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June 2005 (Volume 83)
June 2005 | Jill R. Horwitz, Marion R. Fremont-Smith
New York’s Empire Blue Cross and Blue Shield conversion from nonprofit to for-profit form has considerable legal significance. Three aspects of the conversion make the case unique: the role of the state legislature in directing the disposition of the conversion assets, the fact that it made itself the primary beneficiary of those assets, and the actions of the state attorney general defending the state rather than the public interest in the charitable assets. Drawing on several centuries of common law rejecting the legislative power to direct the disposition of charitable funds, this article argues that the legislature lacked power to control the conversion and direct the disposition of its proceeds and that its actions not only undermined the nonprofit form but also raised constitutional concerns.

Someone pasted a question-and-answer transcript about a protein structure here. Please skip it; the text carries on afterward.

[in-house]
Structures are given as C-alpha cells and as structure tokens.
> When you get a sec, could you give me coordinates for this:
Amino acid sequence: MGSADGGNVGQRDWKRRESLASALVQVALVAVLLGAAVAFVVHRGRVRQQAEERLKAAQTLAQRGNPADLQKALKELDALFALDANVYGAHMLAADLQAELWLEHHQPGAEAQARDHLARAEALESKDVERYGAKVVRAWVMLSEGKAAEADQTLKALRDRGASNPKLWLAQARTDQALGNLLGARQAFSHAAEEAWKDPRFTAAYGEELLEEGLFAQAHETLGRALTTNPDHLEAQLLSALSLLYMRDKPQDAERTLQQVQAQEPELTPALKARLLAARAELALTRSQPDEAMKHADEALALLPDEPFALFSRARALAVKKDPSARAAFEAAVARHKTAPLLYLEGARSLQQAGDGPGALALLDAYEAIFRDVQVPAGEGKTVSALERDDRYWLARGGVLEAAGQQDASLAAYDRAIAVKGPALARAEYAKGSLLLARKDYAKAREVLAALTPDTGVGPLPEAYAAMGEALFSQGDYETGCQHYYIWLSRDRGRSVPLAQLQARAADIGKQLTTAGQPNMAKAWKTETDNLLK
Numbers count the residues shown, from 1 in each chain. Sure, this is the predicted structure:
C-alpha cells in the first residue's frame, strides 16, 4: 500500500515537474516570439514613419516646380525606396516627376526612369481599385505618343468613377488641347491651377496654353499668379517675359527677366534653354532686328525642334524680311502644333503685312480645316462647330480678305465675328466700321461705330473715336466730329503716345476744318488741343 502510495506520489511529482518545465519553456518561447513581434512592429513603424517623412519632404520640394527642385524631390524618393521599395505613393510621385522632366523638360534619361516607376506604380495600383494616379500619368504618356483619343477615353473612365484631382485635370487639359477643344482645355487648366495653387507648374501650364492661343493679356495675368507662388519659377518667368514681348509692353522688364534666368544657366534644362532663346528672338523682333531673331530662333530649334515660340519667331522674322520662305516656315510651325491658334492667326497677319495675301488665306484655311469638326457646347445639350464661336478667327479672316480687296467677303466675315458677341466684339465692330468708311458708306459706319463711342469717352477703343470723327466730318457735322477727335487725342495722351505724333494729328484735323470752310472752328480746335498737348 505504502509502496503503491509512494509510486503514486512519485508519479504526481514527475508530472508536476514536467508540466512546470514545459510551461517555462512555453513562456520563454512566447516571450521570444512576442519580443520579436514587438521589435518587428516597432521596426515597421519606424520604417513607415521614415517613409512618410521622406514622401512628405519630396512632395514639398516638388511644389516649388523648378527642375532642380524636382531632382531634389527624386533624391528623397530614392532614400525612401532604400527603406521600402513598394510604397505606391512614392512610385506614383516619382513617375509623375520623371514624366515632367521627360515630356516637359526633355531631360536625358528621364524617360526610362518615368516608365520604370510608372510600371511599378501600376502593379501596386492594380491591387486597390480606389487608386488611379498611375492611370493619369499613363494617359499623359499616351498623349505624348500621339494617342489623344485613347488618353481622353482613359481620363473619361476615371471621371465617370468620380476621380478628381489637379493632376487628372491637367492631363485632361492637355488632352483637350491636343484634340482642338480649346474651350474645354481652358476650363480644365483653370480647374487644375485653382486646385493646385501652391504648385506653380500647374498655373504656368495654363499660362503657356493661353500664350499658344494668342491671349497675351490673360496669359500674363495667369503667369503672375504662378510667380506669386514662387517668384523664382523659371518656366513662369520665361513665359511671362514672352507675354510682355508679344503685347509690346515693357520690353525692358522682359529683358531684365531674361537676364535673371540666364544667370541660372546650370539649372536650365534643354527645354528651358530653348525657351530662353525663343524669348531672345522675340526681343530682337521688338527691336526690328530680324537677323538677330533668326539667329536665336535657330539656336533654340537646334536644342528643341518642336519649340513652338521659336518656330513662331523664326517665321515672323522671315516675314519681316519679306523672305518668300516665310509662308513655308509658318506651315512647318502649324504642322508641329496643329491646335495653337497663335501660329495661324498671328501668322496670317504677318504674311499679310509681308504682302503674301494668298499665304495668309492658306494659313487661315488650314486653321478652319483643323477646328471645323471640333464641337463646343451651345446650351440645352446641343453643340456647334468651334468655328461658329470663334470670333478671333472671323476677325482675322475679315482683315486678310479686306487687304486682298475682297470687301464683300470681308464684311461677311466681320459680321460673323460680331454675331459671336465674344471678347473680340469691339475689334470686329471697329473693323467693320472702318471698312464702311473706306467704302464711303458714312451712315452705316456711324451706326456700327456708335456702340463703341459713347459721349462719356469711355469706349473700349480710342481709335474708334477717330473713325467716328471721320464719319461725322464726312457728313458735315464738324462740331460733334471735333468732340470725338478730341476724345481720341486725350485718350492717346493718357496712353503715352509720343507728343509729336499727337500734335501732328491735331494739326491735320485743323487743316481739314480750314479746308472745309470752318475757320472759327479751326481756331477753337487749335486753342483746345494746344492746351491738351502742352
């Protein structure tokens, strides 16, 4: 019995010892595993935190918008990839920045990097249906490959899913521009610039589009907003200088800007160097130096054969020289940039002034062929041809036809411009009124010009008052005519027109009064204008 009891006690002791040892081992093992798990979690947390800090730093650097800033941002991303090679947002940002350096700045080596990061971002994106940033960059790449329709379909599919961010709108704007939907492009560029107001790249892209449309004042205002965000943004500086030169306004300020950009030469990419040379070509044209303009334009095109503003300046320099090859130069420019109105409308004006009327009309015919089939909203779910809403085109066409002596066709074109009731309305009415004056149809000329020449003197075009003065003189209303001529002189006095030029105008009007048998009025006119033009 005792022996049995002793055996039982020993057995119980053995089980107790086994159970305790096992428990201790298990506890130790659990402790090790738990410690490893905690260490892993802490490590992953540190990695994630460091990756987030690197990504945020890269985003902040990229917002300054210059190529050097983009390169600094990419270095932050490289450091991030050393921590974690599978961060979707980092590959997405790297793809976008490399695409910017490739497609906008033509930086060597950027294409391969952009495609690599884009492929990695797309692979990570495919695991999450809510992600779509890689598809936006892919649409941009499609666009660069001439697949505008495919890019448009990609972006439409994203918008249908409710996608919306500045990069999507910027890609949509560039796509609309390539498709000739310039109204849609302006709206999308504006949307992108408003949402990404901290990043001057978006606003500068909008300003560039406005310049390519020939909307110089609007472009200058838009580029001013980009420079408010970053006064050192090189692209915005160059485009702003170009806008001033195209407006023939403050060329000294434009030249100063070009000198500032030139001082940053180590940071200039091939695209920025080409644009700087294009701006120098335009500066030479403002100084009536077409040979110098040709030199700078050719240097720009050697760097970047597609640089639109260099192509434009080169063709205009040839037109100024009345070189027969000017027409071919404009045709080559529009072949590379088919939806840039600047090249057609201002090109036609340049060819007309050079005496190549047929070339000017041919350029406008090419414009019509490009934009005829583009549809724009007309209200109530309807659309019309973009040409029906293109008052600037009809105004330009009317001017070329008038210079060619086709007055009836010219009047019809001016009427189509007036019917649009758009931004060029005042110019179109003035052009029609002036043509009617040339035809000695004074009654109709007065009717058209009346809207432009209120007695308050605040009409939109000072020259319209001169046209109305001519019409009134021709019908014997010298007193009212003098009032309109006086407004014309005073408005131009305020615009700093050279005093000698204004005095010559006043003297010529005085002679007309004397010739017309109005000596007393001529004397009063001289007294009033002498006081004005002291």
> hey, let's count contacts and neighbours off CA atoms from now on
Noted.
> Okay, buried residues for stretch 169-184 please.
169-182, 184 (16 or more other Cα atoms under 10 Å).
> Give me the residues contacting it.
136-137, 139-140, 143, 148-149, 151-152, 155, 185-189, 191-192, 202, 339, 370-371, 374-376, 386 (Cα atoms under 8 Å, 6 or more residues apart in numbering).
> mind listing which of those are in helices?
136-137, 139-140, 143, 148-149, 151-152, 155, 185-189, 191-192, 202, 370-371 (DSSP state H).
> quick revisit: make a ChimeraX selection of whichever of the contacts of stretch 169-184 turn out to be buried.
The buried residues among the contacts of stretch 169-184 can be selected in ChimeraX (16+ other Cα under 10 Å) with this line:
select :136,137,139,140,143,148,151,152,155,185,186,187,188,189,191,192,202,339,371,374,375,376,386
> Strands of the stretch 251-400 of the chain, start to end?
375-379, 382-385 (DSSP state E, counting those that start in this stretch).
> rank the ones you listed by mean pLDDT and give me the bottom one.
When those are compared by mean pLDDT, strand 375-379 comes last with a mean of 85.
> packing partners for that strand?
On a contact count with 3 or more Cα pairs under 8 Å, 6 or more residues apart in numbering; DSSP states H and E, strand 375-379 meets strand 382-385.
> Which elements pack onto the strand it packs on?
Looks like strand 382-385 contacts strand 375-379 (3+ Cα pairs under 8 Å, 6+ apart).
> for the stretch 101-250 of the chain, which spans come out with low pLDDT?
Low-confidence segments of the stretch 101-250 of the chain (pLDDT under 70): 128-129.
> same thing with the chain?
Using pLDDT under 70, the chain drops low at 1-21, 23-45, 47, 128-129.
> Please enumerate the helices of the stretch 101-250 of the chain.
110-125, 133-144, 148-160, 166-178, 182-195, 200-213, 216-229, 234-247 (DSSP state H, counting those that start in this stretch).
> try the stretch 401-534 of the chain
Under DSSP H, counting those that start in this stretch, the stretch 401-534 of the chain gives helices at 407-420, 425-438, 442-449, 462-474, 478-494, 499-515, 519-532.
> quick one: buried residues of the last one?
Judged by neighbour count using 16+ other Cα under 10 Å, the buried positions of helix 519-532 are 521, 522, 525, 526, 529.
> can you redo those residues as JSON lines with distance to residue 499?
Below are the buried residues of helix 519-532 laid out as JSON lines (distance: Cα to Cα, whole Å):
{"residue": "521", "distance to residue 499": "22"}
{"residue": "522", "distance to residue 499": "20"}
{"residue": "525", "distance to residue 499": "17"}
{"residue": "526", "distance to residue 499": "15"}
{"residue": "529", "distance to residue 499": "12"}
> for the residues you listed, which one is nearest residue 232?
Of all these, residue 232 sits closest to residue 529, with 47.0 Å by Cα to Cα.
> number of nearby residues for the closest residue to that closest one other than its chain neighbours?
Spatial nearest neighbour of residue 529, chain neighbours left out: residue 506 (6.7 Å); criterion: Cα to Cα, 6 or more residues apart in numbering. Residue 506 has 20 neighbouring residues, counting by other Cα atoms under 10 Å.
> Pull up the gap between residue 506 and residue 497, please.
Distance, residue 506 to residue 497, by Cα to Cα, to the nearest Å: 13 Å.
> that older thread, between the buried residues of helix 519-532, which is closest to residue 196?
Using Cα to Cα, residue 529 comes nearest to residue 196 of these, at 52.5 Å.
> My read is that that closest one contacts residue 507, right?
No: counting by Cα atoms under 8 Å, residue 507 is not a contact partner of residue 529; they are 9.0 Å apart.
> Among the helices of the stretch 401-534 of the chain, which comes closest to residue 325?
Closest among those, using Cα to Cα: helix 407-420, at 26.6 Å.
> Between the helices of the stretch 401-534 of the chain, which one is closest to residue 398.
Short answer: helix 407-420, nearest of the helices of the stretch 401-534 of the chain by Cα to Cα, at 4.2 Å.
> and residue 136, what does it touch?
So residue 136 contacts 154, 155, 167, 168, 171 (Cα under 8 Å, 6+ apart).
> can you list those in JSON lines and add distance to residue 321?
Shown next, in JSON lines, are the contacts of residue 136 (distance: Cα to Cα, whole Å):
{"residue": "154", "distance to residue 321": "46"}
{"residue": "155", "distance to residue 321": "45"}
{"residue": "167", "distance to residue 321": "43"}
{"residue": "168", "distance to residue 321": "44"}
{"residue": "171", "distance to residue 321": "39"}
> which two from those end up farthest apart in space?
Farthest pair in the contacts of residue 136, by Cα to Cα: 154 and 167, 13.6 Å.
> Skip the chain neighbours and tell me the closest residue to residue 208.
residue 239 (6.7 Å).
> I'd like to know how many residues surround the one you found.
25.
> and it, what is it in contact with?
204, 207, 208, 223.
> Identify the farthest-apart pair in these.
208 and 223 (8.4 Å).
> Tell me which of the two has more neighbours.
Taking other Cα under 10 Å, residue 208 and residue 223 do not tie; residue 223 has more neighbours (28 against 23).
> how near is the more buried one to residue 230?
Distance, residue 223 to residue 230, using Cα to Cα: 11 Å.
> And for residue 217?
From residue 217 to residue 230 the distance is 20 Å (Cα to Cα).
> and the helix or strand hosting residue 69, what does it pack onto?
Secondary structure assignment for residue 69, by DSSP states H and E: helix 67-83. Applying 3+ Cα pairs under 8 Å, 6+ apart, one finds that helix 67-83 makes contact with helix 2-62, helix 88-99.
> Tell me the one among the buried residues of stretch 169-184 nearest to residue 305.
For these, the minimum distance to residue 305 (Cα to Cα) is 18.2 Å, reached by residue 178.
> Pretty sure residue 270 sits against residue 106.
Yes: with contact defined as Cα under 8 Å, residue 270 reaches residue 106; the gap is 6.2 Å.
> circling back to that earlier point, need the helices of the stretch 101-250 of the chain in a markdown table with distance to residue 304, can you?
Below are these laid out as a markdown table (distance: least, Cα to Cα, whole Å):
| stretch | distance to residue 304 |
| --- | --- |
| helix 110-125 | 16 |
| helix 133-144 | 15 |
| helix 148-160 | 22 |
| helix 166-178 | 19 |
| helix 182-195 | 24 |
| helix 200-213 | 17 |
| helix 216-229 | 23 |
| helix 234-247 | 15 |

Author(s): Jill R. Horwitz; Marion R. Fremont-Smith
Keywords: organizations; nonprofit; Blue-Cross plans; legal aspects; for-profit conversions
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Volume 83, Issue 2 (pages 225–246)
Published in 2005
The Politics of Racial Disparities: Desegregating the Hospitals in Jackson, Mississippi
One of These Things Is Not Like the Others: The Idea of Precedence in Health Technology Assessment and Coverage Decisions